Although it's still too early to tell whether Tuesday's short story extravaganza was a success or not, one thing it garnered was my first public lukewarm review. To be fair to Tania, she actually made the effort to read each and every story and give her opinion, so I commend her for doing so. But I won't lie and say I was perfectly OK with it at first. My nature, when dealing with criticism, is to take the criticism with a near-instinctive indignance before letting the fog dissipate so I can see exactly what the person meant to say and what I should do with it afterwards.
But I'm not bringing this up to bitch and moan about a bad review because in the end, like the ones I write for newspapers, it's simply a matter of individual opinion. Instead, I was left with the curious sensation of standing on the other side of the mirror, so to speak. In other words, now I'm fair game.
Oh, I have been for a while, whether as blogger, book reviewer or even back in my bookselling days. But when it comes to fiction, this is brand-new territory for me. Territory that I'd better start getting used to if I actually want to persist as a writer because if my skin isn't thick enough, then thousands of others with hardened exteriors will grab the brass ring ahead of me at any given time. Still, the first lesson is always the hardest to learn, even if it may well be the likeliest to stick.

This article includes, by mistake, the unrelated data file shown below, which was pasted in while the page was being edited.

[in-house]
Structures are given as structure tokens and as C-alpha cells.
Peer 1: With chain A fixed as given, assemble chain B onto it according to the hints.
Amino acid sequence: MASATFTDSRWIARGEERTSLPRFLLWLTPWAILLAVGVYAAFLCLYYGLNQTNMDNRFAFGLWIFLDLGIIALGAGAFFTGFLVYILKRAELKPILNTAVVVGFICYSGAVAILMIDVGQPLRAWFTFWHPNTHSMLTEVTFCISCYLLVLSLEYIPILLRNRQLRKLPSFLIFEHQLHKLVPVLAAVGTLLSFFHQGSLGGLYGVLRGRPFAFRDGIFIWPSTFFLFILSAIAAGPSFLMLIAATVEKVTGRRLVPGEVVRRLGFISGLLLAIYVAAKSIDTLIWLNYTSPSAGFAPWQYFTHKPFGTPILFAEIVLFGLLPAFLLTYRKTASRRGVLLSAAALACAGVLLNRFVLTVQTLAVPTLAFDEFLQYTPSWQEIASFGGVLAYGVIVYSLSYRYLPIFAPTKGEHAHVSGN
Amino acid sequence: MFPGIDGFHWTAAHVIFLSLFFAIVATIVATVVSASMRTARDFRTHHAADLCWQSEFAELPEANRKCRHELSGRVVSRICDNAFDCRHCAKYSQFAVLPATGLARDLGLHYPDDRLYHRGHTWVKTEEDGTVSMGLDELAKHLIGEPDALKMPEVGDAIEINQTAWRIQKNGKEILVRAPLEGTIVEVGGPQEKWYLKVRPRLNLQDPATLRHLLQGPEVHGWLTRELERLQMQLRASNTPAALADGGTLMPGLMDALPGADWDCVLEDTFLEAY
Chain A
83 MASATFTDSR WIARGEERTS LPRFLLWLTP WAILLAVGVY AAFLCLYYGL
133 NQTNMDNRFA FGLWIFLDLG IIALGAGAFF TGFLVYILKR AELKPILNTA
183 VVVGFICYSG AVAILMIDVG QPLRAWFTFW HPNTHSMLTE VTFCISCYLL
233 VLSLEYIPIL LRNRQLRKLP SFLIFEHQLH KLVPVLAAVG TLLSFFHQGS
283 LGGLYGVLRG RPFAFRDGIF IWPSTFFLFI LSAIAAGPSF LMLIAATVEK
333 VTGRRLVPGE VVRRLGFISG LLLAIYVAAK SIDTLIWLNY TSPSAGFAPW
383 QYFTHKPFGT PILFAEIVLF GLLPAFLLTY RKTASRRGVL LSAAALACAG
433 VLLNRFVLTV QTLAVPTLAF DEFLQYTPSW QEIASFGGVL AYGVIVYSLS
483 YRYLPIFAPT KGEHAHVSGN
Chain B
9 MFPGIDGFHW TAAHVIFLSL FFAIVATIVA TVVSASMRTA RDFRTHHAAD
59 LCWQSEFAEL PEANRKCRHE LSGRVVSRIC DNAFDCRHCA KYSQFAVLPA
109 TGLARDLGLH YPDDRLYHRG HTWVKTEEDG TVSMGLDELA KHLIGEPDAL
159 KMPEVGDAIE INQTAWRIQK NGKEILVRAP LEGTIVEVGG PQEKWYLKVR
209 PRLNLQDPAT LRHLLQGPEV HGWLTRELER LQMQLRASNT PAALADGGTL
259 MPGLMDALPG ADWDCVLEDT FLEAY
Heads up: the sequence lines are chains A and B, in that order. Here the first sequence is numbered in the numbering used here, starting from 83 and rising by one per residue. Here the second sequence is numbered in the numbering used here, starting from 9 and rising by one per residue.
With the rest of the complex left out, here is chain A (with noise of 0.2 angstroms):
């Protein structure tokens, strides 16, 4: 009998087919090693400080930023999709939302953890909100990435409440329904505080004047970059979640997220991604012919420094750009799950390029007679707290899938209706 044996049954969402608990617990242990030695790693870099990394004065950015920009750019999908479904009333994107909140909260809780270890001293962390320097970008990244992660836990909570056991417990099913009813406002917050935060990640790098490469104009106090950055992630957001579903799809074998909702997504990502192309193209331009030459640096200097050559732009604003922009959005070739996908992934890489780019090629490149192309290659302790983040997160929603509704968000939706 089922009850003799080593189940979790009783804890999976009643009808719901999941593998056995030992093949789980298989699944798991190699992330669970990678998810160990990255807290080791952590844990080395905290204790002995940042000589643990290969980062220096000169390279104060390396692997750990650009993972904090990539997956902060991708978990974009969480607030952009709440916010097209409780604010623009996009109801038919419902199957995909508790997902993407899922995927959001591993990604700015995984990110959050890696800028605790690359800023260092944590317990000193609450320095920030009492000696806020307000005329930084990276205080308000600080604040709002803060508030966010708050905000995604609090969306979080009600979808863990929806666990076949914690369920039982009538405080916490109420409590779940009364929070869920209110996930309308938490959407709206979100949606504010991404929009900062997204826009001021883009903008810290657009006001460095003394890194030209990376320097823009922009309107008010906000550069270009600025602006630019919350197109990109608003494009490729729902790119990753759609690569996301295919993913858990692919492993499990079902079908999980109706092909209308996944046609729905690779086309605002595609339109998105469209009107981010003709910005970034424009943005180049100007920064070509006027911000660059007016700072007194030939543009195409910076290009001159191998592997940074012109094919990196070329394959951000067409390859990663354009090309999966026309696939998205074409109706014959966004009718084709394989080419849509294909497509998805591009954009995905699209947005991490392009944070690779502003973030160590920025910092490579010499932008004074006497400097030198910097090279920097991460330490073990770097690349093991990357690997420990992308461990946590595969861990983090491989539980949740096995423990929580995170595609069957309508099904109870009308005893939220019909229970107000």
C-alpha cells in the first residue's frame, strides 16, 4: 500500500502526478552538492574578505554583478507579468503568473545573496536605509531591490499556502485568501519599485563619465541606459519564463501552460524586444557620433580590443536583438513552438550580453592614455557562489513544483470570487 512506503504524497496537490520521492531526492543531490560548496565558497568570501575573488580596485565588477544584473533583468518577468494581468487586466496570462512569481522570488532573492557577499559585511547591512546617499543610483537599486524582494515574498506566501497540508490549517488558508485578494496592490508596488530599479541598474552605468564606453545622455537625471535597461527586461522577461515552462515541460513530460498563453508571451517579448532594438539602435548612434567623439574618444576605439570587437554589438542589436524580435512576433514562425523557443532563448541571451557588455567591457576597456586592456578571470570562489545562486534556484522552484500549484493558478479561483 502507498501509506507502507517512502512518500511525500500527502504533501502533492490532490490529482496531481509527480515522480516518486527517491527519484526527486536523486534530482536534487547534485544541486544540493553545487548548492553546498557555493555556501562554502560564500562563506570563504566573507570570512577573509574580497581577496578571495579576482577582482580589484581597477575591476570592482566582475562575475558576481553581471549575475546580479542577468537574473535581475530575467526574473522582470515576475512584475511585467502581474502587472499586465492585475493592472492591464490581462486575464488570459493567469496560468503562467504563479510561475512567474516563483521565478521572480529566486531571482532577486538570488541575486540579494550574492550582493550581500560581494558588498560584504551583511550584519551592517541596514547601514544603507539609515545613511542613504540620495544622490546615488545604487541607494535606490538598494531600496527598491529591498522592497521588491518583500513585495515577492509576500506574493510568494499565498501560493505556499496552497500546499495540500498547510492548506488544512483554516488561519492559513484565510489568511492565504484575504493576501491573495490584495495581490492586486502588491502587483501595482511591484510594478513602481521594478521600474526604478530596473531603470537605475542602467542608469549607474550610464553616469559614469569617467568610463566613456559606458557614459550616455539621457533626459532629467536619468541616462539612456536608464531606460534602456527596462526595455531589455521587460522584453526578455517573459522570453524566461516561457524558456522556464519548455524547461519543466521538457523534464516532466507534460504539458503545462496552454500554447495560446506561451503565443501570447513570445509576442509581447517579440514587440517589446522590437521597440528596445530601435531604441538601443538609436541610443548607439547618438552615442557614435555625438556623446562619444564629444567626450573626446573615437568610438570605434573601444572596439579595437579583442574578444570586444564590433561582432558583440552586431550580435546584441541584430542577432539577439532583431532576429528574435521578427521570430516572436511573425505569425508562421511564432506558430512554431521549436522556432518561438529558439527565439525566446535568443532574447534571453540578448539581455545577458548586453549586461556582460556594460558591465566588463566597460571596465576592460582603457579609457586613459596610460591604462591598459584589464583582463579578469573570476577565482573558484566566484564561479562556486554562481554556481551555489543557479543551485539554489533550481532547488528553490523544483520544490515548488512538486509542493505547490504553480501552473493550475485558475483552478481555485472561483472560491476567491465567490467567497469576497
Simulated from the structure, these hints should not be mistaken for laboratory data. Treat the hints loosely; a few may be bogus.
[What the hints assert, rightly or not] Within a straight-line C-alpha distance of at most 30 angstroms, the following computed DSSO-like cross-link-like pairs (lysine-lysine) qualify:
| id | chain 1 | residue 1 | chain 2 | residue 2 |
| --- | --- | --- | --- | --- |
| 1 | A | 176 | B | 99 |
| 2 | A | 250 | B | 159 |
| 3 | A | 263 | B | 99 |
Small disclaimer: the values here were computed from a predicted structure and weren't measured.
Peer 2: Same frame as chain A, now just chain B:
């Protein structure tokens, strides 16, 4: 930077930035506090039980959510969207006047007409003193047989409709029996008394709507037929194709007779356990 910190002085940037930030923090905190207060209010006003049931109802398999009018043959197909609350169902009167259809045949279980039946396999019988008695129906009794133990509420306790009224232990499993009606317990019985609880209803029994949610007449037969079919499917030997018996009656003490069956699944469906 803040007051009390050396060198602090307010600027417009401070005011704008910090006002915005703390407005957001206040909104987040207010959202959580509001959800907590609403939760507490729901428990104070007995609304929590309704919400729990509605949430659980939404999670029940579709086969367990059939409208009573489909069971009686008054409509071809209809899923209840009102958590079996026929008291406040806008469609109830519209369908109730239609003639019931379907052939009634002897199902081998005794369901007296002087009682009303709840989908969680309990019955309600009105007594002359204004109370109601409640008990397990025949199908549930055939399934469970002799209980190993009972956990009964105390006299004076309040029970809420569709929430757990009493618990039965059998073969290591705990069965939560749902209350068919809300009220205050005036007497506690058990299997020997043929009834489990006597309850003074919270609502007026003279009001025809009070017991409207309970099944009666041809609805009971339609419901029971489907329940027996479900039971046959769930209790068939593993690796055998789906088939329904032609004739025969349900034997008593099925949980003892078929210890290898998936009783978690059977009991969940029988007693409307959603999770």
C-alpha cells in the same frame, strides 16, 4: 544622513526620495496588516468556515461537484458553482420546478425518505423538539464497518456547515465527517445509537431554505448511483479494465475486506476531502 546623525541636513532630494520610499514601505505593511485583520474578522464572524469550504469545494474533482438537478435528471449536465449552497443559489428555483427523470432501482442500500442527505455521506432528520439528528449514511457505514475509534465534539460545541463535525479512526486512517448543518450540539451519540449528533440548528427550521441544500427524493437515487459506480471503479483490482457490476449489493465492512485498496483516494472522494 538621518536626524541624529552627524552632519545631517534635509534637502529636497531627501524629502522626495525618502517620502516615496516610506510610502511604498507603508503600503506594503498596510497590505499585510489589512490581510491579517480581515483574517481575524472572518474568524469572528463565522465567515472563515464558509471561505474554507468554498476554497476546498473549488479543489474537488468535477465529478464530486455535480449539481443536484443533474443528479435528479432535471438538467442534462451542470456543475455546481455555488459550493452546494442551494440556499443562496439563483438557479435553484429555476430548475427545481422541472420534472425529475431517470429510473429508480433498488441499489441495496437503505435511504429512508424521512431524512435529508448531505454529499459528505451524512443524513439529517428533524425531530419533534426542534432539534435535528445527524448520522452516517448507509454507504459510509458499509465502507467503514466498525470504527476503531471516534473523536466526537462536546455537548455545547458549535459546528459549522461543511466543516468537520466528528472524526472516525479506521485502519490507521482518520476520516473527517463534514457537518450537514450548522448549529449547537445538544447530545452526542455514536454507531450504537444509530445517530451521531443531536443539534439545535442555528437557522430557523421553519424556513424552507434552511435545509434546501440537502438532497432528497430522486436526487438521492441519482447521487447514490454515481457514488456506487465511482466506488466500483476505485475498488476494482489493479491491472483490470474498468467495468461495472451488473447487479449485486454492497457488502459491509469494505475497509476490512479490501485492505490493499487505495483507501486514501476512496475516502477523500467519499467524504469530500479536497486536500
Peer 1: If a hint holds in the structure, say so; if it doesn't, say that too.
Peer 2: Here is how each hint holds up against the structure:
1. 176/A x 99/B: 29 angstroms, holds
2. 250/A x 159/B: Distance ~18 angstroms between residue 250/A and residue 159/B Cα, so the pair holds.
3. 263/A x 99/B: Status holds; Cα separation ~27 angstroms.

It's also a reminder that once a work of fiction -- be it a short story, novel or something in between -- is released into the public domain, it's no longer the sole domain of the writer and a couple of people who looked at it in early drafts. It's no longer an extension of the writer's feelings and thoughts and personal experiences spun into fictional format, or a way of working out particular issues or story questions. Now the public has access and can interpret the work with their own set of filters and experiences and produce a judgment that is either qualified or not -- but it's still a judgment.
So without asking anyone to recite chapter and verse (although I suspect some can) I'm curious about people's reactions to their first bad review, because being a newbie writer is a such a vulnerable state of mind. You're still unsure of your place in the world but you're grateful to have something, anything published at all. Did you take the criticism well? Did you want to kill the person in question? All thoughts for the backblog, please.